There's some good news here though, in that Troy Tulowitzki played his first rehab game, going 1-for-2 and showing no issues with his wrist. Power is going to be the big concern, but having Tulowitzki back in any capacity is going to be a boost for the team. Forty days missed for a fractured wrist is pretty incredible in its own right.

Justin Morneau (concussion, ERD 7/30)
Morneau is "making progress," but not so much that he's staying with the team. Travelling is one of those things that can aggravate post-concussion symptoms (PCS), so it's not worth taking Morneau along. Tests with a concussion specialist showed the progress, which was measured by a variety of measures, but remember that there's really no good way to mark these. Several stories pointed out that Morneau, a former catcher, has a history of concussions, though none gave much in the way of detail. Concussions are thought to be cumulative over both the short- and long-term, so this is definitely a factor the doctors will be watching. There's still no real timeframe for Morneau's return. As with any concussion, progress is good, but setbacks can come at any point. Watch for Morneau to ramp up the physical activity over the weekend, which will be the best indicator if he's really in the clear. The Twins won't put any timeline on Morneau publicly, for good reason, but the progress leads me to think he'll make it back before the end of the month.

Ryan Doumit (concussion, ERD TBD)
While concussions can happen anywhere, as Morneau showed with his, they do seem to happen more often to catchers. That's no real surprise, especially after watching a collision like the one that occurred involving Doumit. John Russell questioned whether there was some element of heat injury here, since Doumit didn't take a direct hit to the head. Doumit was dizzy and nauseous, so the Pirates medical staff did the smart thing and sent him to the hospital for tests and obsveration. Depending on what they found, Doumit could have a broad range of outcomes. He did just miss a much more serious situation, but again, cumulative concussions are part of the worry here. Doumit will miss at least a couple game and potentially much more. Eric Kratz is in line for more work in the short term.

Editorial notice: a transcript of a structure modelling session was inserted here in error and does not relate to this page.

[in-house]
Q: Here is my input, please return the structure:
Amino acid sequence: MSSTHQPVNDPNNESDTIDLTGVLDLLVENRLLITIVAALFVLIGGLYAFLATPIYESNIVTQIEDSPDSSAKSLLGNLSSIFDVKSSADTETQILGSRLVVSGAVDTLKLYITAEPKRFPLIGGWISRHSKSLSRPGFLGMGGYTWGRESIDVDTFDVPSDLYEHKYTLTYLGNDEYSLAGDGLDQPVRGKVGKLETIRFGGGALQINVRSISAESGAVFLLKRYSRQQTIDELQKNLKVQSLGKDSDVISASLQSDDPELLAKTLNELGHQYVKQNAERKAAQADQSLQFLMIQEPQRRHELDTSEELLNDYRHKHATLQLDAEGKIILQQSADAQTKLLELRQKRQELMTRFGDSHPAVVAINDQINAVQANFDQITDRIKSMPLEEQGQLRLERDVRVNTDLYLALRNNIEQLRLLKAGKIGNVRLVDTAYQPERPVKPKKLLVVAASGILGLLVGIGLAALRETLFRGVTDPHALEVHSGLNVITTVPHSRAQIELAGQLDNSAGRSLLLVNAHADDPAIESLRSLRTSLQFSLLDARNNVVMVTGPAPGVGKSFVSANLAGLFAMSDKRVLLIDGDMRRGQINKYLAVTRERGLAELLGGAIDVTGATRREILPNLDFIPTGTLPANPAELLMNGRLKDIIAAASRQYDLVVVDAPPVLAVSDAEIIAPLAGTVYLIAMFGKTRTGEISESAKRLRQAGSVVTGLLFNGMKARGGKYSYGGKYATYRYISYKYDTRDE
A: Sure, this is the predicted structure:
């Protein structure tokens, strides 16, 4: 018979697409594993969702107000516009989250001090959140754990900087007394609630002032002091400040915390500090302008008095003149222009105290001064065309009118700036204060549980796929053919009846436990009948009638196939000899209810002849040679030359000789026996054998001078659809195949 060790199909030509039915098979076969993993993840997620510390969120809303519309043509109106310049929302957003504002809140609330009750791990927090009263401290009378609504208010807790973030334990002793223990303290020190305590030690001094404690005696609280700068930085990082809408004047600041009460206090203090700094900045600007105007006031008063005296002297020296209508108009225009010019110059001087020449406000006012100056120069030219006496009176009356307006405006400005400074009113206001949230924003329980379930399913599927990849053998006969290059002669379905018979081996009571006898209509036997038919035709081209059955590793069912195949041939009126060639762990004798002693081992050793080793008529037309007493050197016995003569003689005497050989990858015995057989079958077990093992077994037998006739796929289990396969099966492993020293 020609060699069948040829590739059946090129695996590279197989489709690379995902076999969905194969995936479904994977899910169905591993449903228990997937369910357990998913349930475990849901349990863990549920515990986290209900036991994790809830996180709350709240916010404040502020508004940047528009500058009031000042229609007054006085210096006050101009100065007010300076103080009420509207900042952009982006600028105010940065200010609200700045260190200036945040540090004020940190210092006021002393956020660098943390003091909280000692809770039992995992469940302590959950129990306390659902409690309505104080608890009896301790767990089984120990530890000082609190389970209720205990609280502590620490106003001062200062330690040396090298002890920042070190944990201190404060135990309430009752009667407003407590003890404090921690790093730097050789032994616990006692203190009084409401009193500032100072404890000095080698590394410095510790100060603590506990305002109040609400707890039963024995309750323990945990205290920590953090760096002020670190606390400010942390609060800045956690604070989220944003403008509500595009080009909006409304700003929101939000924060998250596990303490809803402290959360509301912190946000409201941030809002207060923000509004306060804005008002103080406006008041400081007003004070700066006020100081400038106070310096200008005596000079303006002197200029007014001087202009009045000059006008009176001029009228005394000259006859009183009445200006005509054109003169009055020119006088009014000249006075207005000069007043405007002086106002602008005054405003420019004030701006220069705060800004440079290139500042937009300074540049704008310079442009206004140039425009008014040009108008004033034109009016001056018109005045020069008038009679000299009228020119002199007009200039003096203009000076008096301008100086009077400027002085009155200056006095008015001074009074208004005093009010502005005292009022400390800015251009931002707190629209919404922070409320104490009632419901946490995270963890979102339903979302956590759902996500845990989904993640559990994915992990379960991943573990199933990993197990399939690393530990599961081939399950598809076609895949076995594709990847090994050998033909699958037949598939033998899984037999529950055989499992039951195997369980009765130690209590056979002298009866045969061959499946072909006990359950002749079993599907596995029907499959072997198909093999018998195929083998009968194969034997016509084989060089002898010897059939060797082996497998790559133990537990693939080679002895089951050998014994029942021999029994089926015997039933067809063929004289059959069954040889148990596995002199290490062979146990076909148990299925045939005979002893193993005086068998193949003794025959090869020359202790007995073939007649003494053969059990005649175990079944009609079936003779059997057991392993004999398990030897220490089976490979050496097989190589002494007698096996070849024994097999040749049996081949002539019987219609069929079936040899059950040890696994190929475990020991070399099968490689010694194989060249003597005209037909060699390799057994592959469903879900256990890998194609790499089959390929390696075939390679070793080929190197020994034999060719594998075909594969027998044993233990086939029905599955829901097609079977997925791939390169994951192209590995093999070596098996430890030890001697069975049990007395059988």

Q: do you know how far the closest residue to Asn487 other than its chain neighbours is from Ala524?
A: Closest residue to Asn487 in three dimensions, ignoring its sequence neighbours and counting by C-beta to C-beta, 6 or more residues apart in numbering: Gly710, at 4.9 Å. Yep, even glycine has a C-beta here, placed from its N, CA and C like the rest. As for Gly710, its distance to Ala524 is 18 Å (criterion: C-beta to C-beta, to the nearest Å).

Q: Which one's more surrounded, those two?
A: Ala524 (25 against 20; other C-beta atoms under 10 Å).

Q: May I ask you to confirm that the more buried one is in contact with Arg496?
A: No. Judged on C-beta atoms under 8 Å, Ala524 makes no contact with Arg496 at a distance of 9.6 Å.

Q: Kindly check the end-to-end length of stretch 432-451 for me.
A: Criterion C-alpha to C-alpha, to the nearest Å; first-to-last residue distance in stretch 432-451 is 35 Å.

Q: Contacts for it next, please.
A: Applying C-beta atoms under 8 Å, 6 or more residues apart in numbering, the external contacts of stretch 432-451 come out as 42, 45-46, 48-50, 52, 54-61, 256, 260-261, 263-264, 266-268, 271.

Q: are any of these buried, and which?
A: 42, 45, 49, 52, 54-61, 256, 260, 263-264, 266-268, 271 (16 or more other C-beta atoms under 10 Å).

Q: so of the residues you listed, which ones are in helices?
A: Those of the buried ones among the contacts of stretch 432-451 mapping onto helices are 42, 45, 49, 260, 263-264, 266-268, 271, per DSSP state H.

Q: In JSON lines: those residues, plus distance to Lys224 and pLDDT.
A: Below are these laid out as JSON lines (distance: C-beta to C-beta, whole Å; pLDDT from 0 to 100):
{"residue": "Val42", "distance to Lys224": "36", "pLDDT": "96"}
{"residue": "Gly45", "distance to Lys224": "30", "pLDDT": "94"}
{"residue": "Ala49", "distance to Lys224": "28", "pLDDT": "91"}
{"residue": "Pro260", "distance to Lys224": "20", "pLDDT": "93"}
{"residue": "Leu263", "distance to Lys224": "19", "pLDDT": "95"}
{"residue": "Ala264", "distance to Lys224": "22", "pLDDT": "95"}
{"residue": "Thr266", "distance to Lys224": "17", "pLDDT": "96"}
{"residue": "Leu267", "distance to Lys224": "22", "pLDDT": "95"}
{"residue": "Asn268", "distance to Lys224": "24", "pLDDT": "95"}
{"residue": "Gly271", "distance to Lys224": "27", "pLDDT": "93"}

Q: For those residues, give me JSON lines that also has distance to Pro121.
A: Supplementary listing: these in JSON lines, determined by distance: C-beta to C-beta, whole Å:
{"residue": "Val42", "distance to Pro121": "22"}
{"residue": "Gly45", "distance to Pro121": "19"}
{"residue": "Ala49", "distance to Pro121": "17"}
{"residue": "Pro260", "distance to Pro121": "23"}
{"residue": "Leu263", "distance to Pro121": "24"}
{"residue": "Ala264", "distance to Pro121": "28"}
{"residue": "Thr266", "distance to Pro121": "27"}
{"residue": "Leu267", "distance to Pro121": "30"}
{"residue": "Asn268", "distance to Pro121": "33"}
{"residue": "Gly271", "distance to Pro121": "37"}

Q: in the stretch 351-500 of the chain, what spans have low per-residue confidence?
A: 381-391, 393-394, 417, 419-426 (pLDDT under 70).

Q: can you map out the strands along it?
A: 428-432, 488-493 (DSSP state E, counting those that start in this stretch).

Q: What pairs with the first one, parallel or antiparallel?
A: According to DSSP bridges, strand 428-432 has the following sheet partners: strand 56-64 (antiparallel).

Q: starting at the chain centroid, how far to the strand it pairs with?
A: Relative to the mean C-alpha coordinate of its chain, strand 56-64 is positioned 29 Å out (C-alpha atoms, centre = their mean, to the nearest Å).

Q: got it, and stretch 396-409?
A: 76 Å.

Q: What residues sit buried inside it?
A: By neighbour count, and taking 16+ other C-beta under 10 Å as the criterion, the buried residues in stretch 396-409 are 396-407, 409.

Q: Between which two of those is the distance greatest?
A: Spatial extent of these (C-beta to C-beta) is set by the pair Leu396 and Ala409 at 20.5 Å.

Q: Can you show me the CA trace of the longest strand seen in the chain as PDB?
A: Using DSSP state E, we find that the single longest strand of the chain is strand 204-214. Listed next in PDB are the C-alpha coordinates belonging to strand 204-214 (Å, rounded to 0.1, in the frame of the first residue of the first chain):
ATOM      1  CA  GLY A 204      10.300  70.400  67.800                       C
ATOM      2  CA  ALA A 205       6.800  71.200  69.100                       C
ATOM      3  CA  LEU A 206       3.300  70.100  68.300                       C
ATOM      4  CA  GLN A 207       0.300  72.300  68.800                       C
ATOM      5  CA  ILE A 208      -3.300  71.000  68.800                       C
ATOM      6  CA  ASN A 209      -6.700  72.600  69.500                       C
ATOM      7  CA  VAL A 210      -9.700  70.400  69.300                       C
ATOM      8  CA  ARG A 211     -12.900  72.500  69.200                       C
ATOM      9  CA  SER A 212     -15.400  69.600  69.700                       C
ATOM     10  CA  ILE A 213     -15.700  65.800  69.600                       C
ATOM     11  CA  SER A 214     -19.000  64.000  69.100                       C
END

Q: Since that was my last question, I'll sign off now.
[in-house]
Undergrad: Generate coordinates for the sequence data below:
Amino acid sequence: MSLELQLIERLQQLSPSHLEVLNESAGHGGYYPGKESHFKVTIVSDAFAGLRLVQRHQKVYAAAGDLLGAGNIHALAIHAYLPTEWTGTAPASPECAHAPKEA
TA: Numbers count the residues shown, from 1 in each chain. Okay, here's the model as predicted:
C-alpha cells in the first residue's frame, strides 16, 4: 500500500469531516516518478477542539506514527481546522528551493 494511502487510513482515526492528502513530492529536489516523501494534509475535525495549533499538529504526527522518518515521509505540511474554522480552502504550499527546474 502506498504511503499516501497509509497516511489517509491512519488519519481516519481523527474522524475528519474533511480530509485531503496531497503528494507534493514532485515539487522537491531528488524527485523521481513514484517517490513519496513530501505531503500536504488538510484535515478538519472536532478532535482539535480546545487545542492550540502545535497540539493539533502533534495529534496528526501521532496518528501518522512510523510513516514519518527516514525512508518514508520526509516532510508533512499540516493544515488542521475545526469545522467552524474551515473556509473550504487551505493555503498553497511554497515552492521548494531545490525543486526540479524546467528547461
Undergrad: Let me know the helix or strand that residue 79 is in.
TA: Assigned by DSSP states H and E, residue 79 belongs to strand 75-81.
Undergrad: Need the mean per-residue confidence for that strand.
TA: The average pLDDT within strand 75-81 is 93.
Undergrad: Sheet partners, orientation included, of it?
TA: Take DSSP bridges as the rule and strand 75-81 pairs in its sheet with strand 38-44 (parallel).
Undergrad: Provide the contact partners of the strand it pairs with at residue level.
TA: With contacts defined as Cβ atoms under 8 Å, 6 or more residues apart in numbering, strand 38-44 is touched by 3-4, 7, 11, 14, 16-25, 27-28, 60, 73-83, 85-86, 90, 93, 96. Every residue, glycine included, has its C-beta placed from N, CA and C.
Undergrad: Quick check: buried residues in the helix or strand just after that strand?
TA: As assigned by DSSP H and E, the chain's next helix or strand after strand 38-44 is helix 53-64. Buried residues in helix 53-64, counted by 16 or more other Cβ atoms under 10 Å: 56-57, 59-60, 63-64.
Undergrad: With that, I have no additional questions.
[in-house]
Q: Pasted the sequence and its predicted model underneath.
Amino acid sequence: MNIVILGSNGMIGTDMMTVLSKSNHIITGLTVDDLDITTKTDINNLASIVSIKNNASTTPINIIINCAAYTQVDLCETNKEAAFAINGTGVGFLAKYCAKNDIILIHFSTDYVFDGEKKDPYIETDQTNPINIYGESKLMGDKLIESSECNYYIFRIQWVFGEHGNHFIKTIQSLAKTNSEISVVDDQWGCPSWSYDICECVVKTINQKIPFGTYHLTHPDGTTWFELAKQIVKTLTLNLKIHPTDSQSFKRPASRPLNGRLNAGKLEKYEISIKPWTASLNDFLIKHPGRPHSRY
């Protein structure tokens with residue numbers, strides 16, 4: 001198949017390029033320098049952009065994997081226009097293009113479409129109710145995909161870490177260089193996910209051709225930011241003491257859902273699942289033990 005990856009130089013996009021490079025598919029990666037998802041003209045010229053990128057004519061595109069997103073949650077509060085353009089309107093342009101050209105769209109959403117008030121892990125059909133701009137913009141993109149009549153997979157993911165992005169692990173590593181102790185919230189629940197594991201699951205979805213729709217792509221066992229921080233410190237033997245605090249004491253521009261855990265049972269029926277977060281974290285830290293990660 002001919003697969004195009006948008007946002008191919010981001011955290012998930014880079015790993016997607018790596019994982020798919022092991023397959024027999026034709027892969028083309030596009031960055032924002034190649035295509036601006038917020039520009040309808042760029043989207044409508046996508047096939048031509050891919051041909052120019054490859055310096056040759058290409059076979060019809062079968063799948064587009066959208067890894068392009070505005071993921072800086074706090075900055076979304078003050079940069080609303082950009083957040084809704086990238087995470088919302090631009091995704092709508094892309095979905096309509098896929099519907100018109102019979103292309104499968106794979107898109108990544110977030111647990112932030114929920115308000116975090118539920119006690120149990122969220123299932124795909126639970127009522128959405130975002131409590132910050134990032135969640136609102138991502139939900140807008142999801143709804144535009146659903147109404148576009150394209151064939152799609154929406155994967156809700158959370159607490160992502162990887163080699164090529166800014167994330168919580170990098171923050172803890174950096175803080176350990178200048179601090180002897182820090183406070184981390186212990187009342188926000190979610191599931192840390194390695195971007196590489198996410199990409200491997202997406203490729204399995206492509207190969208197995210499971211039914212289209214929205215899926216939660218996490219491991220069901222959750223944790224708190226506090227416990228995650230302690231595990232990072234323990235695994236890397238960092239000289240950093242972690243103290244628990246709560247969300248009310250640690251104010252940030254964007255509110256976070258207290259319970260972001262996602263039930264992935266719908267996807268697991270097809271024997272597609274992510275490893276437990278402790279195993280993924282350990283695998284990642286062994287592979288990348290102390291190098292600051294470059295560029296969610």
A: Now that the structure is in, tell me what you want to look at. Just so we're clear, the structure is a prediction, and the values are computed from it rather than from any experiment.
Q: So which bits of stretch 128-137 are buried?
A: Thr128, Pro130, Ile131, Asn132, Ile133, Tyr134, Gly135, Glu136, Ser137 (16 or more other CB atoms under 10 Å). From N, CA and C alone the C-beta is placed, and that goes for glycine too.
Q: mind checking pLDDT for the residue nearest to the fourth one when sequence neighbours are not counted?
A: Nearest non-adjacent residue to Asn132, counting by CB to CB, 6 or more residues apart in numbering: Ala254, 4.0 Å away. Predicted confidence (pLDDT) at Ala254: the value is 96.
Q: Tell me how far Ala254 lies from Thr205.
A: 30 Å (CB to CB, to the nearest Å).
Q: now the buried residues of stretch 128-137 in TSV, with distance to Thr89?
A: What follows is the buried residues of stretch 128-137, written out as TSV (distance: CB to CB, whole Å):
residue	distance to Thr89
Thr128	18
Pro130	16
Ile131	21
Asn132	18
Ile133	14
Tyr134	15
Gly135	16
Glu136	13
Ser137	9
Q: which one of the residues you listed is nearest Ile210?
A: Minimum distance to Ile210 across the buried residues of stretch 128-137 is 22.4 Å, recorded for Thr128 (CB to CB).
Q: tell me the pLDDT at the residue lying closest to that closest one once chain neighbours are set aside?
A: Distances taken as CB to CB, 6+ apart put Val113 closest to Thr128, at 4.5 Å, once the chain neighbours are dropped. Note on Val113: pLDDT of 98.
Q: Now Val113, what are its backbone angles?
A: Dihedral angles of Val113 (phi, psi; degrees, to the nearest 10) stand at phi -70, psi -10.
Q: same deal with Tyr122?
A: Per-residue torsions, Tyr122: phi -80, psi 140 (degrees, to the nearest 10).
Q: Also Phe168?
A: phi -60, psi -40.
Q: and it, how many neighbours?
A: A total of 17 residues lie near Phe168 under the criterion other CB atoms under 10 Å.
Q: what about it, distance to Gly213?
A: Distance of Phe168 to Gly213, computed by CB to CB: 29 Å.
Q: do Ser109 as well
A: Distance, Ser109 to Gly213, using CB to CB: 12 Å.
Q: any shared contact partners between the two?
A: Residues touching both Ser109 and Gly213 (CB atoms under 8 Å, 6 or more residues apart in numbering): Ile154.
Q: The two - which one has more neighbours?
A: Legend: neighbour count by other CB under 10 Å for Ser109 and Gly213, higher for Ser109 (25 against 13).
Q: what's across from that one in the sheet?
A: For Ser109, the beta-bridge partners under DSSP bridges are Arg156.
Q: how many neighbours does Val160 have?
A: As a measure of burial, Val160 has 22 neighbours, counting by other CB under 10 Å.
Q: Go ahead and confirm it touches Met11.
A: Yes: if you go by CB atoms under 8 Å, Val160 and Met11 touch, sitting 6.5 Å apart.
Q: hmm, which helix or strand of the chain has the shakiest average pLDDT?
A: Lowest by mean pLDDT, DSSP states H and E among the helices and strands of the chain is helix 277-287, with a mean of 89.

Jacoby Ellsbury (fractured ribs, ERD 8/15)
Victor Martinez (fractured thumb, ERD 7/26)
Jeremy Hermida (fractured ribs, ERD 7/22)
The Red Sox are a bit closer to the return of one of their injured stars. Martinez won't be back to catch Josh Beckett's return game, but he won't miss by much. After a hitting session on Tuesday, Martinez's thumb has passed most of the tests the medical staff was looking for. He'll catch a bullpen session on Saturday, which looks to be the final barrier between Martinez and a return. The news isn't as clear, as usual, on the Ellsbury situation. Ellsbury remains in Ft. Myers, with the team saying that he's progressed enough to start some baseball activities, like hitting in the cage, but that they have no idea when he might be back in Boston. He's still experiencing pain with the rib injuries on activity, though we don't have much in the way of specifics. It's going to heat up for Ellsbury soon, due to the return of Hermida; he's been out since early June with what is perceived as a similar injury, so the Boston media is going to ramp up some comparisons. No matter the explanation from Ellsbury and his team, a big gap is going to cause a "soft" perception, if that isn't already sticking.

Quick Cuts: Todd Helton is going to need at least a few games of rehab before the Rockies will activate him. He could be back by the weekend. ... Aaron Laffey insists he's not injured, but the Indians are getting an MRI on his "dead arm." ... David Freese dropped a weight on his toe. Ouch. That sets his rehab back three weeks. ... Rick Ankiel is expected back for the weekend series against the Yankees. It could come as soon as today. ... Yunel Escobar's start with the Jays isn't starting out well, because he's out with a bruised hand. The DL isn't likely, but a few more games out is. ... Homer Bailey threw a simulated game yesterday and will head to Dayton for rehab. He's likely to get starts to help Mike Leake and the staff rest. ... Ramon Hernandez is coming off the DL for the Reds. All that means so far is that Joey Votto will get a day off. ... Brett Anderson could get the start on Sunday for the Athletics.